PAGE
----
Got high fructose corn syrup? If you eat any packaged foods or sodas, most likely you do, and you’re also more likely to develop hypertension (among other problems) because of it. Americans consume 30% more sugar than they did just 20 years ago and 4 times as much as they did 100 years ago, before the advent of highly processed foods. The obesity rates then were less than 5%, while today 64.5% of American adults are overweight and 30.5% are obese.
Researchers studied 4,528 adults that had no prior history of hypertension. Those who ingested more than 74 grams of added sugar (about the amount in 2 ½ sugary drinks) daily, led to 28%, 36% and 87% increased risk in high blood pressure readings over time. The percentages correspond to blood pressure readings of 135/85, 140/90 and 160/100.
Another study has looked at American sodium intake. Highly refined salt exists in large amounts in processed foods. The study predicted that reducing sodium intake could eliminate 11 million cases of high blood pressure and save the U.S. $32 billion annually.
Research estimates that more than 77% of America’s sodium intake comes in the form of processed foods rather than salt added to foods while cooking or eating at home. Fast food, another fixture of the western lifestyle, is loaded with sodium. Replace all processed and refined salt with natural sea salt.
Potassium is a compound that seems to protect people from the development of hypertension. Supplements of potassium don’t work well according to research, but foods that contain them do.
Spinach: Spinach is rich in magnesium and folate which can help prevent high blood pressure and cardiovascular disease.
Sunflower Seeds: Rich in potassium, magnesium and healthy plant fats, sunflower seeds can help reduce cholesterol levels, opening up blood vessels and promoting healthy blood pressure.
Bananas: Bananas contain loads of potassium and fiber.
Healthy Fats: Oily, cold-water fish provides omega-3 fatty acids, a healthy balancing technique to the overload of omega-6 and omega-9 fatty acids that are overly prevalent in processed foods, fast and convenient foods and much of the western diet.
Garlic: Research on the health benefits of garlic is finding more and more miraculous effects. Among them, garlic seems to help thin the blood, prevent the blockage in blood vessels, and so lower blood pressure.
Tomatoes: Tomatoes are loaded with calcium, potassium, vitamins A, C and E and lycopene. Compounds in tomatoes can lower cholesterol buildup in blood vessels and combat the development of hypertension in a variety of ways. Lycopene, one of the tomato’s most useful compounds, is activated by heat, so add tomatoes to your next chili or stew.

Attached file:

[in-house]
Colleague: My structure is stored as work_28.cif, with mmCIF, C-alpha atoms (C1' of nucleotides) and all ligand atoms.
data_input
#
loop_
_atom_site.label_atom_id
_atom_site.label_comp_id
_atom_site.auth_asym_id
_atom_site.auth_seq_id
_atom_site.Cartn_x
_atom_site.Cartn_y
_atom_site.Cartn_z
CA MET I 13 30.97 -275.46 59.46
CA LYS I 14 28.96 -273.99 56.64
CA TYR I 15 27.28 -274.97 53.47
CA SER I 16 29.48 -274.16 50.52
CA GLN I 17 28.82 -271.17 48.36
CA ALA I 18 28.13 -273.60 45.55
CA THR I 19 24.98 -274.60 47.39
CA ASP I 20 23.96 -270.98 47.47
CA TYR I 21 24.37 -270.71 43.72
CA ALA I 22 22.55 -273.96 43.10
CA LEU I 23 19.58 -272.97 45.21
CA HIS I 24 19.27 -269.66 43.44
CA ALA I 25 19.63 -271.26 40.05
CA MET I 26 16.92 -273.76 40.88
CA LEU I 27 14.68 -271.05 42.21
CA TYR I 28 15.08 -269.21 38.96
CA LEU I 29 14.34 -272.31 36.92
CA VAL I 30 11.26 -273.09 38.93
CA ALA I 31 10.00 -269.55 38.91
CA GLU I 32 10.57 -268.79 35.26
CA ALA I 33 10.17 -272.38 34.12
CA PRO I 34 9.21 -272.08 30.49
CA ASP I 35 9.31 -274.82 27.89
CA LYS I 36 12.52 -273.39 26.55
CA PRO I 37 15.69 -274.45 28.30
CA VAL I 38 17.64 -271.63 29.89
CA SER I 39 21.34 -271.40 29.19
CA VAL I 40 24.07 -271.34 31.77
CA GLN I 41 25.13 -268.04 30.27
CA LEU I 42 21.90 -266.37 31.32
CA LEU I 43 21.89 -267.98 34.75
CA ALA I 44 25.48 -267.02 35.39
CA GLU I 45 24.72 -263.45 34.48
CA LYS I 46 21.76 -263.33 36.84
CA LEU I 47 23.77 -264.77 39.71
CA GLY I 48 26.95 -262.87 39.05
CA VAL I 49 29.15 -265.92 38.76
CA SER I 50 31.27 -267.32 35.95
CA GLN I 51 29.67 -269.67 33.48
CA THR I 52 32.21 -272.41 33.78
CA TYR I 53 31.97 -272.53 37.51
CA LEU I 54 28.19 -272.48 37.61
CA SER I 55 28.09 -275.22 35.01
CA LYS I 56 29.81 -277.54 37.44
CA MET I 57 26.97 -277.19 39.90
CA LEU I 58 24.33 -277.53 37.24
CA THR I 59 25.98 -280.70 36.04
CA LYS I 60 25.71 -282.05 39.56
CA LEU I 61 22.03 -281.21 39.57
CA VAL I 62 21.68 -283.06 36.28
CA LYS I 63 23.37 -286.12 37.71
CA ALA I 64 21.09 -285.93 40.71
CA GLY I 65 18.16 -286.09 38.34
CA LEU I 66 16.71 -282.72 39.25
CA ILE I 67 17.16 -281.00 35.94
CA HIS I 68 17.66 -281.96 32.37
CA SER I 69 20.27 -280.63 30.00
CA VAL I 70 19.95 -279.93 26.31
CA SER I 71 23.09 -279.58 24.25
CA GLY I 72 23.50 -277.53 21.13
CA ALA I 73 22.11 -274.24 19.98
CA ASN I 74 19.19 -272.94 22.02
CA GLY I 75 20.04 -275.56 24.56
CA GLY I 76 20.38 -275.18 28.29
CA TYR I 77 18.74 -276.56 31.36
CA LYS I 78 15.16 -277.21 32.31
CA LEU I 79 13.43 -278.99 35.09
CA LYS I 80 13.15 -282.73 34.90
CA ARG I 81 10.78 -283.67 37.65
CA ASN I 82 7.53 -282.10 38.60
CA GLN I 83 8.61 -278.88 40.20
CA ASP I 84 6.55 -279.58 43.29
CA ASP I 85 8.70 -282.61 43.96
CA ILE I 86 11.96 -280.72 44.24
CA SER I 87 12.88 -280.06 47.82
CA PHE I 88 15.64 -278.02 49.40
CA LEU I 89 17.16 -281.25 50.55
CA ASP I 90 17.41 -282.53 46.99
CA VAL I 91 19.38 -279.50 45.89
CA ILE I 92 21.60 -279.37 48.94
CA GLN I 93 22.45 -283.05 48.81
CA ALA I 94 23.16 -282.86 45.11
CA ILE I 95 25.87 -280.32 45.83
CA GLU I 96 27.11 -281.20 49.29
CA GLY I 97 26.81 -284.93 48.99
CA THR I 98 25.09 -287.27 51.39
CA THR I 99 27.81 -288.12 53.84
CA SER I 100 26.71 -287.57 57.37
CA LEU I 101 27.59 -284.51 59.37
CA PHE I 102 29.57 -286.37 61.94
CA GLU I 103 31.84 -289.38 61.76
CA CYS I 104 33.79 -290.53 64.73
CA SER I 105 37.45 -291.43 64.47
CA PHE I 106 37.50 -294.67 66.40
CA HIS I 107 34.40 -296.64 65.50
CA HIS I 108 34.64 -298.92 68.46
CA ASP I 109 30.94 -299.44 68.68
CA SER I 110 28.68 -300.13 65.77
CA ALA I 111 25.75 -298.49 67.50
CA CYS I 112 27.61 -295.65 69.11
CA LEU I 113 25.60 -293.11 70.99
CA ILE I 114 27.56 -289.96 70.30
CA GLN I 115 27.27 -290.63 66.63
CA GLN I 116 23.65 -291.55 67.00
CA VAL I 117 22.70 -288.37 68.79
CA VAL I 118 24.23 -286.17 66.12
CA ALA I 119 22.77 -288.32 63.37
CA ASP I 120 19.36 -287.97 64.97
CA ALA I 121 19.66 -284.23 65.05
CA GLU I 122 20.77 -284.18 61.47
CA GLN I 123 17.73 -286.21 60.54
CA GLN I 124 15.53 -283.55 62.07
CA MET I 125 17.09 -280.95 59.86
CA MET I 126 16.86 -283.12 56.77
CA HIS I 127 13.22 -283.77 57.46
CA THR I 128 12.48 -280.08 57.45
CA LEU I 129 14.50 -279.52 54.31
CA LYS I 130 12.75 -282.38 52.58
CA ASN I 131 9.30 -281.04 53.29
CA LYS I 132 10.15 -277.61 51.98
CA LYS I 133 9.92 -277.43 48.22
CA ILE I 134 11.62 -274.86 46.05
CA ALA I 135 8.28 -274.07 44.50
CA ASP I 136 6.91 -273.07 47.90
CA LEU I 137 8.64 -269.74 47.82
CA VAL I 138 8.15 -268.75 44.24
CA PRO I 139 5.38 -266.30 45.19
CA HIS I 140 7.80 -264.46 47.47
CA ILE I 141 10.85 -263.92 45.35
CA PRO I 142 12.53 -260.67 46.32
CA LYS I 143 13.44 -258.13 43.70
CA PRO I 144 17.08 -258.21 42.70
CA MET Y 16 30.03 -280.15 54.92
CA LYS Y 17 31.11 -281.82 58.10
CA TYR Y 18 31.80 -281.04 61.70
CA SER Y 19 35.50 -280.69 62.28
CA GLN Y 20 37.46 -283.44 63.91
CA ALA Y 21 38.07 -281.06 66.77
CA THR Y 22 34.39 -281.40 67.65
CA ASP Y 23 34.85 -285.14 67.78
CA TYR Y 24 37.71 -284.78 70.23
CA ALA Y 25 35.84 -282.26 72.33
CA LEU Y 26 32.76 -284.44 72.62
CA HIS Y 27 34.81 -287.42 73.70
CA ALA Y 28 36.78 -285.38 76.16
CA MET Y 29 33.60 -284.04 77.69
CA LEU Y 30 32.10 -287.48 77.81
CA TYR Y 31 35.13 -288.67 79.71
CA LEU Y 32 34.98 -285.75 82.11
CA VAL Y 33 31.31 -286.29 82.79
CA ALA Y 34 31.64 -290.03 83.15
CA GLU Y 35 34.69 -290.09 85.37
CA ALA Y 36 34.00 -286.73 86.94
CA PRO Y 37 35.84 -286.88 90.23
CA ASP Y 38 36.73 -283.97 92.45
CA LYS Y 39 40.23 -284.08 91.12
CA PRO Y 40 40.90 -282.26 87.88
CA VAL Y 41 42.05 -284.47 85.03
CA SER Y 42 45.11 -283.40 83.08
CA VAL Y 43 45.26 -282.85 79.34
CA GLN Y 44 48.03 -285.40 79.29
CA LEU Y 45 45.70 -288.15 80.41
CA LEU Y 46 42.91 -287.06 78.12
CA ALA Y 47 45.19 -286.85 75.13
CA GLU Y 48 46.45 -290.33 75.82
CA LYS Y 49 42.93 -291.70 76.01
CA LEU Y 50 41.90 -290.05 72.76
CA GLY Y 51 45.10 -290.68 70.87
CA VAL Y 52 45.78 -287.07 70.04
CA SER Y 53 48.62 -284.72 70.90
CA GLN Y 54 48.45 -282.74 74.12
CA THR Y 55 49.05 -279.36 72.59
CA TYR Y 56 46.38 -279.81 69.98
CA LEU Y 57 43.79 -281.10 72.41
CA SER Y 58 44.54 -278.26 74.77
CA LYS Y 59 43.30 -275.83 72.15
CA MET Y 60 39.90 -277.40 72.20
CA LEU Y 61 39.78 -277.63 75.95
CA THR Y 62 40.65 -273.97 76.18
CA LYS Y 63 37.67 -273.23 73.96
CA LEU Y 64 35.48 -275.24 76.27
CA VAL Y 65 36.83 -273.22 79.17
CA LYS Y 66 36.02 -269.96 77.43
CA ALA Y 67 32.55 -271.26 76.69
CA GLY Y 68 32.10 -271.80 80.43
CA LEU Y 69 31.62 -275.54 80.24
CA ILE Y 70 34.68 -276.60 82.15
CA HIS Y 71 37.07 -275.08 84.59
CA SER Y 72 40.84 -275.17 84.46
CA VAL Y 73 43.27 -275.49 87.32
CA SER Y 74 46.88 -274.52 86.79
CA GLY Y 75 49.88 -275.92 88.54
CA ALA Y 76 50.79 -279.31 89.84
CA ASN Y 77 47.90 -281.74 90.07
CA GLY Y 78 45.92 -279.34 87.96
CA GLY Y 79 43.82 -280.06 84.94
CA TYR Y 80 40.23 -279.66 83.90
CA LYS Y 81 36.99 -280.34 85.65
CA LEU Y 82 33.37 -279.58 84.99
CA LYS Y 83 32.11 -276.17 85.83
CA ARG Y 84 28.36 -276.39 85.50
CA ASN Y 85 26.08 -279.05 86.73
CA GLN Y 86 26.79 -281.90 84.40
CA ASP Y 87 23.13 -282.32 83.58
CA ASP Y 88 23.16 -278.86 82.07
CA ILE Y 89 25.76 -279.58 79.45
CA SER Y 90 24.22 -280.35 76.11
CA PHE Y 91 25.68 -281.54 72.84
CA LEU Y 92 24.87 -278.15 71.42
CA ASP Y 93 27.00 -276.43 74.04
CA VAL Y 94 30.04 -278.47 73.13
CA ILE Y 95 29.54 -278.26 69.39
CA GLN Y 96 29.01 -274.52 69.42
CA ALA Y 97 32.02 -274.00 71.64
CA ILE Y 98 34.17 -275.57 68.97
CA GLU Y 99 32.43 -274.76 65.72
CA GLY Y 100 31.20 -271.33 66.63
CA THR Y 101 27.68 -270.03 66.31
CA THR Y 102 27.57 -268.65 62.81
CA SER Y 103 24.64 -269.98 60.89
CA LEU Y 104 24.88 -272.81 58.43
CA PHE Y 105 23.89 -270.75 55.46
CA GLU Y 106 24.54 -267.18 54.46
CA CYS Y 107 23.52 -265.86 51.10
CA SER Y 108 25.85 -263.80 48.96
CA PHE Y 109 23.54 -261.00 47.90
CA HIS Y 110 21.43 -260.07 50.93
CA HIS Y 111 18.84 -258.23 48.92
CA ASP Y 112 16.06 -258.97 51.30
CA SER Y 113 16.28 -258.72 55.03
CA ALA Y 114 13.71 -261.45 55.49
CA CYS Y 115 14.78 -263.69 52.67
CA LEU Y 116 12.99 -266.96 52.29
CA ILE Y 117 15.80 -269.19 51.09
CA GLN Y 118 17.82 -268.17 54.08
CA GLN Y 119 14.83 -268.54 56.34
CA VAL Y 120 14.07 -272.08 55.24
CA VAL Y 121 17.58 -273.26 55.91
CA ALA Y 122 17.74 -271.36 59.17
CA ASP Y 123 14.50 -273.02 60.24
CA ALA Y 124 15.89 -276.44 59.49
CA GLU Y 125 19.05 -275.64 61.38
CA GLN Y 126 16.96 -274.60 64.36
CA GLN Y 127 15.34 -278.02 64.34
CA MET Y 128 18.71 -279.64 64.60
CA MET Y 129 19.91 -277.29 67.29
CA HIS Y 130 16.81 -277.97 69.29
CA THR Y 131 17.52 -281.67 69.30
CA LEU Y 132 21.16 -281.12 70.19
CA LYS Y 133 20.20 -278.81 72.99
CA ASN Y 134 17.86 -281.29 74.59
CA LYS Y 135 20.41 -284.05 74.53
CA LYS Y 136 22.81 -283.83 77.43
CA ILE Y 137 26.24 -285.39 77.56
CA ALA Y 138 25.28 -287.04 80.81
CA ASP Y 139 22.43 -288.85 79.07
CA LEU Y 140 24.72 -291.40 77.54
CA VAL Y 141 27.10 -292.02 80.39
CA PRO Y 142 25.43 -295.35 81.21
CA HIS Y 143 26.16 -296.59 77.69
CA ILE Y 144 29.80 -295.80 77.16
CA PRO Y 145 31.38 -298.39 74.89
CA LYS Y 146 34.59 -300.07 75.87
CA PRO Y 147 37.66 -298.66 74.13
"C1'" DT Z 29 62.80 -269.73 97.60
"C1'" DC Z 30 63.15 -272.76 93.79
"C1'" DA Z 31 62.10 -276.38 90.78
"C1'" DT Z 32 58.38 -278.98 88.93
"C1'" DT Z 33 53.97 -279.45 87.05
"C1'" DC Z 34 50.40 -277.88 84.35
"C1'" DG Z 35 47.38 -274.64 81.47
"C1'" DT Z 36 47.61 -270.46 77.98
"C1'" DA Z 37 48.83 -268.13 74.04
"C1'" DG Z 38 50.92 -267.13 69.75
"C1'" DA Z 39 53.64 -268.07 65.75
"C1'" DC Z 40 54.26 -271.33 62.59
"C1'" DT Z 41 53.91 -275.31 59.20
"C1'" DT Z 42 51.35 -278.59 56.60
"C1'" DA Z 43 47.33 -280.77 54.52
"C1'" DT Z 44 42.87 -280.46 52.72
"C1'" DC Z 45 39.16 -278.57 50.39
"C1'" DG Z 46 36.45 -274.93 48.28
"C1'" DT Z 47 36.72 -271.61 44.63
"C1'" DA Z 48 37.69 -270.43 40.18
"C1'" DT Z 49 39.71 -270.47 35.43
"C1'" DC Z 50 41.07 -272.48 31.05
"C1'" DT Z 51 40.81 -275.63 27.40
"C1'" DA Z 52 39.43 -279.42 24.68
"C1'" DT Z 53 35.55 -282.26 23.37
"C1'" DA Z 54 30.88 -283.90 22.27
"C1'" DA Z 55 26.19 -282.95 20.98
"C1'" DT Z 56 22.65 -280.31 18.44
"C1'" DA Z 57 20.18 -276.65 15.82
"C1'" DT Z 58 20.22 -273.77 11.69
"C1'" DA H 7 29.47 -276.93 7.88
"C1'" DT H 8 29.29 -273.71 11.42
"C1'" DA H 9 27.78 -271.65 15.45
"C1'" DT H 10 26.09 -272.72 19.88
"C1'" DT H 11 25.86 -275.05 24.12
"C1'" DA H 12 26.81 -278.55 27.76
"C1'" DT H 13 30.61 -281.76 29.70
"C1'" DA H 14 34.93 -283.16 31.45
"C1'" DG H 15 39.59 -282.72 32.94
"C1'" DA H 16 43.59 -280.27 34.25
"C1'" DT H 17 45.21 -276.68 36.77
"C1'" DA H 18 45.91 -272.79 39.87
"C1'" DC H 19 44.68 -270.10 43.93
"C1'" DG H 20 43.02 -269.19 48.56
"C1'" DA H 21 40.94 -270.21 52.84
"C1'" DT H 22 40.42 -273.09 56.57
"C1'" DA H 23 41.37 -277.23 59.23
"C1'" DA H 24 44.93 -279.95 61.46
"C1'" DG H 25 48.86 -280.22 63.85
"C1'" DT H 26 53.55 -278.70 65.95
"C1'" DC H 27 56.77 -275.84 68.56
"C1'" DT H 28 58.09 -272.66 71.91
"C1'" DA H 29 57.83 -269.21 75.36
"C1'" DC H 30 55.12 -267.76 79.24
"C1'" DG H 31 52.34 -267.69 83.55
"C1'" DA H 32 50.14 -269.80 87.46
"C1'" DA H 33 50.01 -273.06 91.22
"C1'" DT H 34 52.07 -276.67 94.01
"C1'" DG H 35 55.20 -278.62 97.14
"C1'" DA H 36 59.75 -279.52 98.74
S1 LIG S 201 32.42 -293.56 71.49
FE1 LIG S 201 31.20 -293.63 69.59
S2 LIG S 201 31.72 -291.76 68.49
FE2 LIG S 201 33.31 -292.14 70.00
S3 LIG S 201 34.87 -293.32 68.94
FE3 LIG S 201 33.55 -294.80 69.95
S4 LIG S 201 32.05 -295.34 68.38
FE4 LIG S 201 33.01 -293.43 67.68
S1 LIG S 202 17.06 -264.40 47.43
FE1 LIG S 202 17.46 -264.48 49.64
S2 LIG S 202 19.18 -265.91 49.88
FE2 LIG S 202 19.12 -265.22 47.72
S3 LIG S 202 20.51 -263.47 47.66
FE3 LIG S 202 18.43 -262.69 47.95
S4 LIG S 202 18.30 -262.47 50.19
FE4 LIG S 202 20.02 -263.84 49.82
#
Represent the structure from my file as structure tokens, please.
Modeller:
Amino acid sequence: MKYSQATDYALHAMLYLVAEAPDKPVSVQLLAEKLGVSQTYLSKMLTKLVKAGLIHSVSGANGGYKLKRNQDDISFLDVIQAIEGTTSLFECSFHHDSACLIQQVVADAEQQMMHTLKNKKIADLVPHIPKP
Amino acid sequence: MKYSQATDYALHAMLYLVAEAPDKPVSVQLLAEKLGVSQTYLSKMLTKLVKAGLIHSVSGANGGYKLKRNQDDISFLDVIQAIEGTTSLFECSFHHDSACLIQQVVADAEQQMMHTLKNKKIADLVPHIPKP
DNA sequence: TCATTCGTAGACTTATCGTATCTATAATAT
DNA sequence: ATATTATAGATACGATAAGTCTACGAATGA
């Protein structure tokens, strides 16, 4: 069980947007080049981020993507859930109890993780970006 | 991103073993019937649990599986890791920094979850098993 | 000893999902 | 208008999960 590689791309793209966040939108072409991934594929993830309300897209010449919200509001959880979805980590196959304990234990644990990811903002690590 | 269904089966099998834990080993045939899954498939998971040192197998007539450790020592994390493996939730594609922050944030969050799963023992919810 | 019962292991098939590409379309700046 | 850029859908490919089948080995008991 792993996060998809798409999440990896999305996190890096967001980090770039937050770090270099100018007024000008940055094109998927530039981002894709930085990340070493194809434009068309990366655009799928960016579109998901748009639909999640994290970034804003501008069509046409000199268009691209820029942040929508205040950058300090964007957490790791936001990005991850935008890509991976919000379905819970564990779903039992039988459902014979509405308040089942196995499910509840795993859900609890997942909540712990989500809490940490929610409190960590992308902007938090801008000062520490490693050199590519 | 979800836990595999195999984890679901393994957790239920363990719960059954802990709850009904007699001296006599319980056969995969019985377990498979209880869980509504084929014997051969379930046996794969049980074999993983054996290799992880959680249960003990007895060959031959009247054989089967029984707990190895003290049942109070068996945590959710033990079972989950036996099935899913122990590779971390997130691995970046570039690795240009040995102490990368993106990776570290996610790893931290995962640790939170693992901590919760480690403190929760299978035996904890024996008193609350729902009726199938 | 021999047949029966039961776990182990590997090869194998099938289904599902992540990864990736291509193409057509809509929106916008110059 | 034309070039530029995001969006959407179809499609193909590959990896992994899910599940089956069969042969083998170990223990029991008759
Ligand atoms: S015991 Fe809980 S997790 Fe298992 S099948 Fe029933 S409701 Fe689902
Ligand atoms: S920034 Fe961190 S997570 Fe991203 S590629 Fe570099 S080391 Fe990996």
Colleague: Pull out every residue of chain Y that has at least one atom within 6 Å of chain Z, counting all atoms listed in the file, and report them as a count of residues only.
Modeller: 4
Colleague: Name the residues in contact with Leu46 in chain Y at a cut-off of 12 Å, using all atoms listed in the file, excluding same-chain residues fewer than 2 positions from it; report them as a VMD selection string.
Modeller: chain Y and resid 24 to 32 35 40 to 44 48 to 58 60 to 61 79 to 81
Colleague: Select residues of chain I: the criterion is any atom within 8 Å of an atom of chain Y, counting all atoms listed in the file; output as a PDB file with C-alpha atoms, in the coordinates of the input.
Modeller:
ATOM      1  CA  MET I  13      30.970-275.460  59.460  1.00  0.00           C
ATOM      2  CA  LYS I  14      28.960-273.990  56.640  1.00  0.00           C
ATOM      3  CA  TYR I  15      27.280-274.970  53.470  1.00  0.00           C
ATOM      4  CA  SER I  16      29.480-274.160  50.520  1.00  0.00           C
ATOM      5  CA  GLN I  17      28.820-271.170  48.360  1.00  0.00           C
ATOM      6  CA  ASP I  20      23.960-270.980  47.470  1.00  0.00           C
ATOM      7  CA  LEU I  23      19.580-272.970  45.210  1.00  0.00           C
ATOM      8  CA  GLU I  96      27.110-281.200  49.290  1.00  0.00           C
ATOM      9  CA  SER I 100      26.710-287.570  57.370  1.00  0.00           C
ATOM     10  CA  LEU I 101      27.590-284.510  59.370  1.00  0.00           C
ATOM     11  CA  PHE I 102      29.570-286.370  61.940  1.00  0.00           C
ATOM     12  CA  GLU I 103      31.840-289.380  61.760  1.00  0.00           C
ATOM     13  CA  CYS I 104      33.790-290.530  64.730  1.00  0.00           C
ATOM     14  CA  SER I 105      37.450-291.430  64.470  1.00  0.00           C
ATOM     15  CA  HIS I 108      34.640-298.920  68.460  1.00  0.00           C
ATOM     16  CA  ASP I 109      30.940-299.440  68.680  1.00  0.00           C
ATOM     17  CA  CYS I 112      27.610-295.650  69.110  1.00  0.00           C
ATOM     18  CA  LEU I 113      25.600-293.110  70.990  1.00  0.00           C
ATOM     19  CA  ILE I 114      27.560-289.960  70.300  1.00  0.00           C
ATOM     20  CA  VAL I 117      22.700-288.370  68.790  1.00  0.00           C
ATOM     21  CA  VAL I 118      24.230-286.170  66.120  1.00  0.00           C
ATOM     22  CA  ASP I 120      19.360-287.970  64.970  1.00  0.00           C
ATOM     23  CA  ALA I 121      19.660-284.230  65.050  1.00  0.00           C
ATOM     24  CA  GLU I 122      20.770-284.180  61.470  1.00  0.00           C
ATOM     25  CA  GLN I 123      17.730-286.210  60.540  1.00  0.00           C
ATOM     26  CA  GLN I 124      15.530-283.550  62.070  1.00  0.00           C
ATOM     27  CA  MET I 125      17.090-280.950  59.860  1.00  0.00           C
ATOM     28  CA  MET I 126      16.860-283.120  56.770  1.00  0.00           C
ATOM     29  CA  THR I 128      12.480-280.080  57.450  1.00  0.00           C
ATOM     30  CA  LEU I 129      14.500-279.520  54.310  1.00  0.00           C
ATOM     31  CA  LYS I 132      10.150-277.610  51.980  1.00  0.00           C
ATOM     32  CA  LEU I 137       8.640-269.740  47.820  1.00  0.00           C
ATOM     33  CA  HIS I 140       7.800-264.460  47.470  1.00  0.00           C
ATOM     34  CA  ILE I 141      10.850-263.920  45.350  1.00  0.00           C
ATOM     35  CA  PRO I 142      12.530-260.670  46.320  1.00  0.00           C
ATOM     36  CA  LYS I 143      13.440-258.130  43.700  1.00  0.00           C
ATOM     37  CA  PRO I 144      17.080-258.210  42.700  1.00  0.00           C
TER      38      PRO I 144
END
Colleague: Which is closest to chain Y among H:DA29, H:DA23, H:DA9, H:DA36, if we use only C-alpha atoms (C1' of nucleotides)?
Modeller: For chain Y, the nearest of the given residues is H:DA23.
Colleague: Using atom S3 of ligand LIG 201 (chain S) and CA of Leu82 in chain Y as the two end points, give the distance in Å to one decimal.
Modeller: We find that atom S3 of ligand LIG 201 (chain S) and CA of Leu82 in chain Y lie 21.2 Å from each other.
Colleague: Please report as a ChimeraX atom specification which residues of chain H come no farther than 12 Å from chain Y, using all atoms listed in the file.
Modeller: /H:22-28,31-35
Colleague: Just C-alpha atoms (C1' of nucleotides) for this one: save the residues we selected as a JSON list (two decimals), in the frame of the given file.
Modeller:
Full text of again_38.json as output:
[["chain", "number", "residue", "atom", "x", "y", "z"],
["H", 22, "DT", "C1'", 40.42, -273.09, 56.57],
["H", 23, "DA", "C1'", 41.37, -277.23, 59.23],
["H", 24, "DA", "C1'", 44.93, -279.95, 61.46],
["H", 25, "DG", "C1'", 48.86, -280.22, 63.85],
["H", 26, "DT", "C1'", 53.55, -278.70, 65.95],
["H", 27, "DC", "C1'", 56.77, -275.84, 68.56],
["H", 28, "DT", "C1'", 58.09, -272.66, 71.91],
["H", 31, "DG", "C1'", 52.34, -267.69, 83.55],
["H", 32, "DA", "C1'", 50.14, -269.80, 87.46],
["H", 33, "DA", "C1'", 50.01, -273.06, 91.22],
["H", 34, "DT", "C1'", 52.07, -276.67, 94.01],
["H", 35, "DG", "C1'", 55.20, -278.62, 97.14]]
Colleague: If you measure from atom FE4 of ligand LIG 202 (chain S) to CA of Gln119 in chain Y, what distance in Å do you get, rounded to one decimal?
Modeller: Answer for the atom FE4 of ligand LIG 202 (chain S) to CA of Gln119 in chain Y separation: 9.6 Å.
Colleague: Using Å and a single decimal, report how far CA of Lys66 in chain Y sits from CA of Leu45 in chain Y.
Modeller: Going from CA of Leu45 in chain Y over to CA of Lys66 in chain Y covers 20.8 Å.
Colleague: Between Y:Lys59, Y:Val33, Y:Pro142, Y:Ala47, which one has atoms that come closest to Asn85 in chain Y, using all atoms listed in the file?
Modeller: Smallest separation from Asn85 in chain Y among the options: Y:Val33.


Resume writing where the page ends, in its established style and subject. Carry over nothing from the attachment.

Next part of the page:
Broccoli: Broccoli has been found to have a whole host of beneficial health effects including high amounts of potassium and chromium that help regulate blood sugar levels and weight, both related to high blood pressure.
Melon: Melon is rich in potassium. Cantaloupe and watermelon are especially rich sources.
Regular exercise and diet play a large role in the development (or not) of hypertension. One of the most detrimental components of the western lifestyle is stress. Managing stress includes relaxation techniques such as deep breathing, yoga, journaling or art therapy.
You can raise your blood pressure to alarming levels just by thinking or stressing about events. Imagined events have as much physiological effect as real ones. This is the basis of Post Traumatic Stress Disorder and the improvement of performance in businessmen and Olympic athletic gains with visualization.
The western lifestyle might include career and lifestyle choices that incite chronic disease but that doesn’t mean that you have to proscribe to them. Going against a cultural current takes strength, but the failure of our cultural norm has contributed to the splintering of its route and the availability of alternate paths.
The fight for a culture’s health depends less on science that focuses on finding magical cures in drugs, and more on making fundamental shifts in food production, availability, our connections to food, our work life and stress factors, and re-prioritizing values. The best preventative measure? A healthy lifestyle. It’s common sense, really. With this article and the others on this site, you are now equipped to truly maximize your health.